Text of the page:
Entrepreneurship: Realities vs. Perceptions

I believe being an entrepreneur would make most people immensely unhappy.

So many people believe entrepreneurship is this glamorous job, but I promise you that beyond Shark Tank, the day to day of it is not glamorous at all. 

In fact, it’s pretty miserable.

I spend a lot of time trying to talk people out of this. When they’re confronted with the realities, they realize it’s not actually what they want. Entrepreneurship is one of the most difficult, painful things you can do with your life. Of course I will admit there’s upside, but it doesn’t come until you dedicate many years of struggle, sacrifice, and hard work to building up your business.

You take all the risk. Everything’s your fault 100 percent of the time. 

If you realize that entrepreneurship (and all the pain that comes with it) is not for you, there’s nothing wrong with that. It means you know yourself. 

If you’re not very risk tolerant and you don’t really enjoy the entrepreneurial aspect of the business and then you go out and start a business because you think that’s going to be the path to freedom for you, that would be one of the worst things you could possibly do. I’s not to say you couldn’t figure it out. I’m sure you could figure it out, but it’s going to be working against yourself every step of the way, and you’re not going to be very satisfied when you’re working against yourself.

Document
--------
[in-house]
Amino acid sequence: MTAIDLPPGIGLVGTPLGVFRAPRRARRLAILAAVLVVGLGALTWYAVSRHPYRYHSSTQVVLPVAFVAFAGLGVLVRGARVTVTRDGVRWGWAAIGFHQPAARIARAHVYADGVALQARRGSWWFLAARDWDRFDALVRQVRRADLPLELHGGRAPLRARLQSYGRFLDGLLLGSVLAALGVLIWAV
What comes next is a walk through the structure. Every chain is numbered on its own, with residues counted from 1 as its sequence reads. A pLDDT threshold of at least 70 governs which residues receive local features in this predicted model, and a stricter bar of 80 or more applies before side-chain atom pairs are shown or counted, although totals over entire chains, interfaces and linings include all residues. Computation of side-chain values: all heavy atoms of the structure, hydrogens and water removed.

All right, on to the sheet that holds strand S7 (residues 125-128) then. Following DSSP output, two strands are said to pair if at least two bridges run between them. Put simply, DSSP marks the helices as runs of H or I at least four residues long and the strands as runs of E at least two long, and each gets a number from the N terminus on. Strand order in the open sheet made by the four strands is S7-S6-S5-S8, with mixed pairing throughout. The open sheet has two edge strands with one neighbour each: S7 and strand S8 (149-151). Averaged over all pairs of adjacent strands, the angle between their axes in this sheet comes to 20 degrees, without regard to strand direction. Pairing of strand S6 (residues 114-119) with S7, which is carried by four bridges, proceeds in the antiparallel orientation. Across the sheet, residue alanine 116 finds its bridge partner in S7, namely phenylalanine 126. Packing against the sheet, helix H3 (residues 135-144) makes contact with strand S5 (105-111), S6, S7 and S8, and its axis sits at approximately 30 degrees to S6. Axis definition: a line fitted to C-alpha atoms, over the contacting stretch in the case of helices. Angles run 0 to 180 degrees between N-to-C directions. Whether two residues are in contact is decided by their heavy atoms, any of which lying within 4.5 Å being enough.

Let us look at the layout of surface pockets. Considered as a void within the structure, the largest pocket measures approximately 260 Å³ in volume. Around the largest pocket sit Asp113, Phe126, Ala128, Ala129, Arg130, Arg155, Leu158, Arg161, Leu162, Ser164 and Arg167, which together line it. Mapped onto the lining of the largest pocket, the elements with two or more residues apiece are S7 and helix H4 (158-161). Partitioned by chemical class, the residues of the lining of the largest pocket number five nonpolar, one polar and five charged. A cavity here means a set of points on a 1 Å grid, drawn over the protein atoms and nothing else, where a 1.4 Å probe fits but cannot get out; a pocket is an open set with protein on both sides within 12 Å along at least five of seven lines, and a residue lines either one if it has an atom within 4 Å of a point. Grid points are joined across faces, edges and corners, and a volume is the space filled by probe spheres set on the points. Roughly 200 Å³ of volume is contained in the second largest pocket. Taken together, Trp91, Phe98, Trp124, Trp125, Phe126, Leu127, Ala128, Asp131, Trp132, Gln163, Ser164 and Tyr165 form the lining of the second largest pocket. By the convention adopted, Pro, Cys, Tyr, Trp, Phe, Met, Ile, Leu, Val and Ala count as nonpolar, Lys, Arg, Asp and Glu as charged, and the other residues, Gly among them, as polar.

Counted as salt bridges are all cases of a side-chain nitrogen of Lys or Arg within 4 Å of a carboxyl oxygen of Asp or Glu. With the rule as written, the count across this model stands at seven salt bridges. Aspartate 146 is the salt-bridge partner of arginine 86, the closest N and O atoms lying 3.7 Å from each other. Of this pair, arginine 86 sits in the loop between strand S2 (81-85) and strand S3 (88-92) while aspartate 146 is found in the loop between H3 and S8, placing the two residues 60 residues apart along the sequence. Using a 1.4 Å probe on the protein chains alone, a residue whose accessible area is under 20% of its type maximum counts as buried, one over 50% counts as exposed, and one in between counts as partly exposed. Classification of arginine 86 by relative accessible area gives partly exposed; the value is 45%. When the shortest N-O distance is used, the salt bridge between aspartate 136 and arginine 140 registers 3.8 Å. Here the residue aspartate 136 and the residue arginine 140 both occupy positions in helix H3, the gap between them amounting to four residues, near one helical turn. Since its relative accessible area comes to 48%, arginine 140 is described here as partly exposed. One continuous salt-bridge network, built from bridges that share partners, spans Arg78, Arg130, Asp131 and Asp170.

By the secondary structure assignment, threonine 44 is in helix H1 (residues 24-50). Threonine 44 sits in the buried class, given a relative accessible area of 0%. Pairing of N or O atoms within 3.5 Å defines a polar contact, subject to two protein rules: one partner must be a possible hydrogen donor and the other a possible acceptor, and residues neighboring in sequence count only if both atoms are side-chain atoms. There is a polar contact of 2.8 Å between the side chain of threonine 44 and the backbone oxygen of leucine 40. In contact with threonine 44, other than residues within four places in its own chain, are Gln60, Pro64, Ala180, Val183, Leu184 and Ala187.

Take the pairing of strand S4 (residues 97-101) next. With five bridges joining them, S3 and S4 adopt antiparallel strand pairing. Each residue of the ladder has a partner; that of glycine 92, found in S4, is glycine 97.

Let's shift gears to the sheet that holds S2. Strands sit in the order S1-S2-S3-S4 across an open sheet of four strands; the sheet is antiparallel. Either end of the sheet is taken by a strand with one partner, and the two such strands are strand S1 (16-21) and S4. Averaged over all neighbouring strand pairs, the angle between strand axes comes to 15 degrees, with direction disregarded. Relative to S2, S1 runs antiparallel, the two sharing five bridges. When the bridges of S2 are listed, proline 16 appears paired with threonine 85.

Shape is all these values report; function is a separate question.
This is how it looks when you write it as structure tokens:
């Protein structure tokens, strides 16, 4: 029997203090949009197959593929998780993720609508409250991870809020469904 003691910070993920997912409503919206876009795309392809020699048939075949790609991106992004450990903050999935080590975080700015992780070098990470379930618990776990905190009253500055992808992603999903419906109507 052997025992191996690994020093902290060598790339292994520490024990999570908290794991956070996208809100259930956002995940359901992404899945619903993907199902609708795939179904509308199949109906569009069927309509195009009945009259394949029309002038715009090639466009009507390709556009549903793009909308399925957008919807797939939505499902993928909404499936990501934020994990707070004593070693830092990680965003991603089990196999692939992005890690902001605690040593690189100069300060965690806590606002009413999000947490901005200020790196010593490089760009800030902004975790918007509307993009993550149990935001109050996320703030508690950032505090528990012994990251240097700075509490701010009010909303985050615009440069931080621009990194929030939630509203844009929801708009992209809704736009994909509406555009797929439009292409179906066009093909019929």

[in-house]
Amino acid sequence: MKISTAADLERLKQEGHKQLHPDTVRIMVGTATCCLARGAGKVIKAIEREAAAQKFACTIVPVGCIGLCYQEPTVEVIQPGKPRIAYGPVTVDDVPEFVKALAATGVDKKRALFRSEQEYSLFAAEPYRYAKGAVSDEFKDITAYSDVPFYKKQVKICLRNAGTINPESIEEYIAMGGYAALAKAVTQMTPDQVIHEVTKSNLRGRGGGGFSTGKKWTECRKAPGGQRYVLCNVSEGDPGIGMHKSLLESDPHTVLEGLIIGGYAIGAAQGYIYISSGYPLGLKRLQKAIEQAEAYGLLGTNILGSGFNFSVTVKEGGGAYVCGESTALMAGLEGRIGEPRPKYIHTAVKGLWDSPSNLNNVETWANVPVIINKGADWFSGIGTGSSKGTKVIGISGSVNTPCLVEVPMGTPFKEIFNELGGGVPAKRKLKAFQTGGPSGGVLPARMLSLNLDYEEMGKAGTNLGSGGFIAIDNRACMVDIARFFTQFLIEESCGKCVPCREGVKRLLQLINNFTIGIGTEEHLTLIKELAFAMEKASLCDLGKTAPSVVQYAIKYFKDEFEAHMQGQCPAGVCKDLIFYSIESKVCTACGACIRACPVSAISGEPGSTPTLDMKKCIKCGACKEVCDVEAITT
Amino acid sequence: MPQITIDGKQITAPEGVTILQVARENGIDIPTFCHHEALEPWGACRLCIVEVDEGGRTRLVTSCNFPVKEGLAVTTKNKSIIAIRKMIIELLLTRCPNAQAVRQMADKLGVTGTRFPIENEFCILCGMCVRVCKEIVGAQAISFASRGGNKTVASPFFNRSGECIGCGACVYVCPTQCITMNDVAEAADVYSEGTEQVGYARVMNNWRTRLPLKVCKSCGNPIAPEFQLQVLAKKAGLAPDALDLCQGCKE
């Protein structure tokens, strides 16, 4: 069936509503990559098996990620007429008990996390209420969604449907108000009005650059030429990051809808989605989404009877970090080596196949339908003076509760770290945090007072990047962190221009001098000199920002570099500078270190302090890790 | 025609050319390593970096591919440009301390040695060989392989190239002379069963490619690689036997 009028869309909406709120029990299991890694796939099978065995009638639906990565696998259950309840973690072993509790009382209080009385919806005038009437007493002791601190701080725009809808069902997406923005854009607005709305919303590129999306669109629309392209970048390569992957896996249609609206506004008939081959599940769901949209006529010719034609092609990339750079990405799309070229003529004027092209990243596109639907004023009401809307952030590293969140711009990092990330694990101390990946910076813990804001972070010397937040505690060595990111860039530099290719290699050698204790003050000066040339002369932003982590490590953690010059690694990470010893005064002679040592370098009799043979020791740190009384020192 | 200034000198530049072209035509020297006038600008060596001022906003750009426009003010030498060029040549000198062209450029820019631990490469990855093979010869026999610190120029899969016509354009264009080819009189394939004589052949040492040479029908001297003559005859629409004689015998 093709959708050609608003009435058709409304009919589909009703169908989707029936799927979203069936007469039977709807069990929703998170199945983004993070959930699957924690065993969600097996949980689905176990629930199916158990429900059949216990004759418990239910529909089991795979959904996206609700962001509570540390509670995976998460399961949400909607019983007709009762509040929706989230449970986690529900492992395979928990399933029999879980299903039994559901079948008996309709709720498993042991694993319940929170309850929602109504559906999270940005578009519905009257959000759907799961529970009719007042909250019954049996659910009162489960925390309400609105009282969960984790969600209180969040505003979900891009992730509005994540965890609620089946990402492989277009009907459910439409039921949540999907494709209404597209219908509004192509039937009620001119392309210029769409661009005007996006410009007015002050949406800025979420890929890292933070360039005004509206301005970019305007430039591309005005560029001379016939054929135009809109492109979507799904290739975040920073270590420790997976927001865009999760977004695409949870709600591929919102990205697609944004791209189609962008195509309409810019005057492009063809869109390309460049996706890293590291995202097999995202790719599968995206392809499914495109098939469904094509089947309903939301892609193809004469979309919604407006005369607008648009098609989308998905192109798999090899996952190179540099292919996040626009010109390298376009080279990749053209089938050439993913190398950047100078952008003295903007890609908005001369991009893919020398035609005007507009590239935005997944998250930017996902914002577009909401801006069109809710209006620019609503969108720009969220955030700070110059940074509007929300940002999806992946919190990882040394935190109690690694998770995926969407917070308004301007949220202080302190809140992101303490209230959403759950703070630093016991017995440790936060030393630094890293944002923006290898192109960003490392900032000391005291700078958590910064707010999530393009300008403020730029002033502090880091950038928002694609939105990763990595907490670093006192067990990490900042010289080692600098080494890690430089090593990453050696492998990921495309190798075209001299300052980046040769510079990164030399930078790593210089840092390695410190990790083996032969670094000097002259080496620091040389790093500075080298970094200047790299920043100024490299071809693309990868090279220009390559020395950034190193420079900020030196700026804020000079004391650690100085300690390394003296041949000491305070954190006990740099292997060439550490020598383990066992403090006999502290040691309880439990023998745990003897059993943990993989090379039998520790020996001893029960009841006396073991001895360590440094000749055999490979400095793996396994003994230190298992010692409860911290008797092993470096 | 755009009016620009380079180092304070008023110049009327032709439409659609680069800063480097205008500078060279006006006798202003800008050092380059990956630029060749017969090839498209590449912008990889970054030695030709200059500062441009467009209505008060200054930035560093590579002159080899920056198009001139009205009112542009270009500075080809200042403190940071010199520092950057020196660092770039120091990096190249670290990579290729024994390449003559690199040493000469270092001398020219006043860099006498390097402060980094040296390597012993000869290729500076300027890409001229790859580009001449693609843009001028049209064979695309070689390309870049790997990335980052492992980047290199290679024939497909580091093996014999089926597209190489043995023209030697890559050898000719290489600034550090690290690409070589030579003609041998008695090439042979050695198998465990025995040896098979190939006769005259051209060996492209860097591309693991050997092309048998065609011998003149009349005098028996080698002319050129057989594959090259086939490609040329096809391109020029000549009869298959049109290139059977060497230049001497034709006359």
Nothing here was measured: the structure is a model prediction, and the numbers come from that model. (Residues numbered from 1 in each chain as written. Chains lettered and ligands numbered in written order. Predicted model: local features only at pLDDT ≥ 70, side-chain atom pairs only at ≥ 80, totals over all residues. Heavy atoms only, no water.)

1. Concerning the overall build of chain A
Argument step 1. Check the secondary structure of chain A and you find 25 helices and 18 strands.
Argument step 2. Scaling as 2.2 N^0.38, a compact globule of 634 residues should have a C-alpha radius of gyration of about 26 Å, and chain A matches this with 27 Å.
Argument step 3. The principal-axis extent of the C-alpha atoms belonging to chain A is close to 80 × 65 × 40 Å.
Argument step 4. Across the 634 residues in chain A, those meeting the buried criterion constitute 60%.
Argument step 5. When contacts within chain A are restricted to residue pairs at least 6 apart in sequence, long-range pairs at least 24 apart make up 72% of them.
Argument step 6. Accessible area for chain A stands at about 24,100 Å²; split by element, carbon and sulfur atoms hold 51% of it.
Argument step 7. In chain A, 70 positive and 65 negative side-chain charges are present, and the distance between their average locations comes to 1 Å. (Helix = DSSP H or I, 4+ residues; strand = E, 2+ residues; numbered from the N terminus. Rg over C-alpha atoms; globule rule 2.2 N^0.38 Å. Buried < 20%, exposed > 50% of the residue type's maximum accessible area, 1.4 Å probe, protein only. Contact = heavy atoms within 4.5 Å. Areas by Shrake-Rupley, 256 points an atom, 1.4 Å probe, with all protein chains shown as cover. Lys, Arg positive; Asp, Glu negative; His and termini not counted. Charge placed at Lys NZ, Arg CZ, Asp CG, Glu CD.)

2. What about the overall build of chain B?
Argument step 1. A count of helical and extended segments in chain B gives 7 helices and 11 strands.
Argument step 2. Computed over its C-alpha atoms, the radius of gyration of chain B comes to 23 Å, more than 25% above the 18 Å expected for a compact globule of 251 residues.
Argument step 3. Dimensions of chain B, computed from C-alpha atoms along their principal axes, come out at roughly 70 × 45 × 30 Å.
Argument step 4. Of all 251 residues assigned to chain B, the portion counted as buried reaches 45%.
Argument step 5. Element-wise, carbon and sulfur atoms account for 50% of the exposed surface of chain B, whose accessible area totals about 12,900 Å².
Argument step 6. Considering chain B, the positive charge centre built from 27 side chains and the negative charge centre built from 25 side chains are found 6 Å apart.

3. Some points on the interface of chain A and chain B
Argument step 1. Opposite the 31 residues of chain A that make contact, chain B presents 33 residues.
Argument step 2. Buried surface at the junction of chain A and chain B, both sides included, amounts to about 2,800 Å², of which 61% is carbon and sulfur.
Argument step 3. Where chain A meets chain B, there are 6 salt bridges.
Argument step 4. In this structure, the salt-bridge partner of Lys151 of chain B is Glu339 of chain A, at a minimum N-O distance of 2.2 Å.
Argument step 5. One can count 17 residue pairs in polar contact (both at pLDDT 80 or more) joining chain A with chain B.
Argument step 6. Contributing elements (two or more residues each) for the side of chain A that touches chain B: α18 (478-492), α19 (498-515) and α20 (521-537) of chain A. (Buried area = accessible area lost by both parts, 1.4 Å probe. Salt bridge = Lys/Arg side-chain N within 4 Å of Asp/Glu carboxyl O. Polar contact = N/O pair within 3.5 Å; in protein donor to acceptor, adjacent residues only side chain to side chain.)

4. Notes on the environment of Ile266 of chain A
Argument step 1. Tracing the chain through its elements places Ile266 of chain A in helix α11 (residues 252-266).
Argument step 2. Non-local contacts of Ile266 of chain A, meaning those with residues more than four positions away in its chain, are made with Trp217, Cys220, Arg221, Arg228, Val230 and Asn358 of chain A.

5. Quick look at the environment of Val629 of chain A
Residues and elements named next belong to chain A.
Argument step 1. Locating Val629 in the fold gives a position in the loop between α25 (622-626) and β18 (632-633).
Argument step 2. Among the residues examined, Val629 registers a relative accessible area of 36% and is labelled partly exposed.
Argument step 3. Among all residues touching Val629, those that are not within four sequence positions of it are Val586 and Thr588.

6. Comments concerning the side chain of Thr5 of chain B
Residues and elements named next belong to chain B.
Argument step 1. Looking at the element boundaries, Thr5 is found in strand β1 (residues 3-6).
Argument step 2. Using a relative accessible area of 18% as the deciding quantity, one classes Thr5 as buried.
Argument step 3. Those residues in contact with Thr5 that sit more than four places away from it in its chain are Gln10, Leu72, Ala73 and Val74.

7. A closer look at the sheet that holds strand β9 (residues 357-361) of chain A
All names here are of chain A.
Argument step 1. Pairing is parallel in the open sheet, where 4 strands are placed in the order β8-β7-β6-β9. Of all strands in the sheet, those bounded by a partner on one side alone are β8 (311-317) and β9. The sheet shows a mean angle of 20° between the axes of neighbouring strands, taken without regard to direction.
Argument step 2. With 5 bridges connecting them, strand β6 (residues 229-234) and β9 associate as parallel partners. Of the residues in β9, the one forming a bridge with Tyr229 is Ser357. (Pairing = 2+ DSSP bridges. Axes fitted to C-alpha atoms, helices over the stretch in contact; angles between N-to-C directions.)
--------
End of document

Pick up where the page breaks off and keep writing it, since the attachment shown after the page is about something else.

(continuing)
Alternatively, I see a lot of people that have a lot of great skill sets and capabilities that know being the entrepreneur is not for them. They may not want to start a business, but they could be a great leader within a business and I’ll let somebody else deal with all that risk. 

If you were like the number fifth, seventh, or 13th employee at Facebook, they are almost certainly a billionaire today. They didn’t have to be Zuckerberg. 

I know a lot of times people equate financial success with being an entrepreneur, but it doesn’t always have to be that way. You can grow within an organization, make a great contribution to the business, and take none of the risk. 

In that scenario, somebody else takes all the risk. They carry all the downside. That high-level contributor doesn’t have to worry about that. Instead, they can strap themselves to the right rocket ship, learn from that entrepreneur, work with them, grow within the organization, and gain a lot of autonomy. 

Crisp’s COO Alex is this way. I have asked her why she doesn’t start a business, and she tells me she has zero desire to start a business. It’s just not for her. She says she’d rather let me do that, but she loves operating a business. 

She knows herself.

If you are not built for the realities of what entrepreneurship entails, you can find another role within a great entrepreneurial organization that allows you to do the things that you enjoy without carrying the risk or the downside. 

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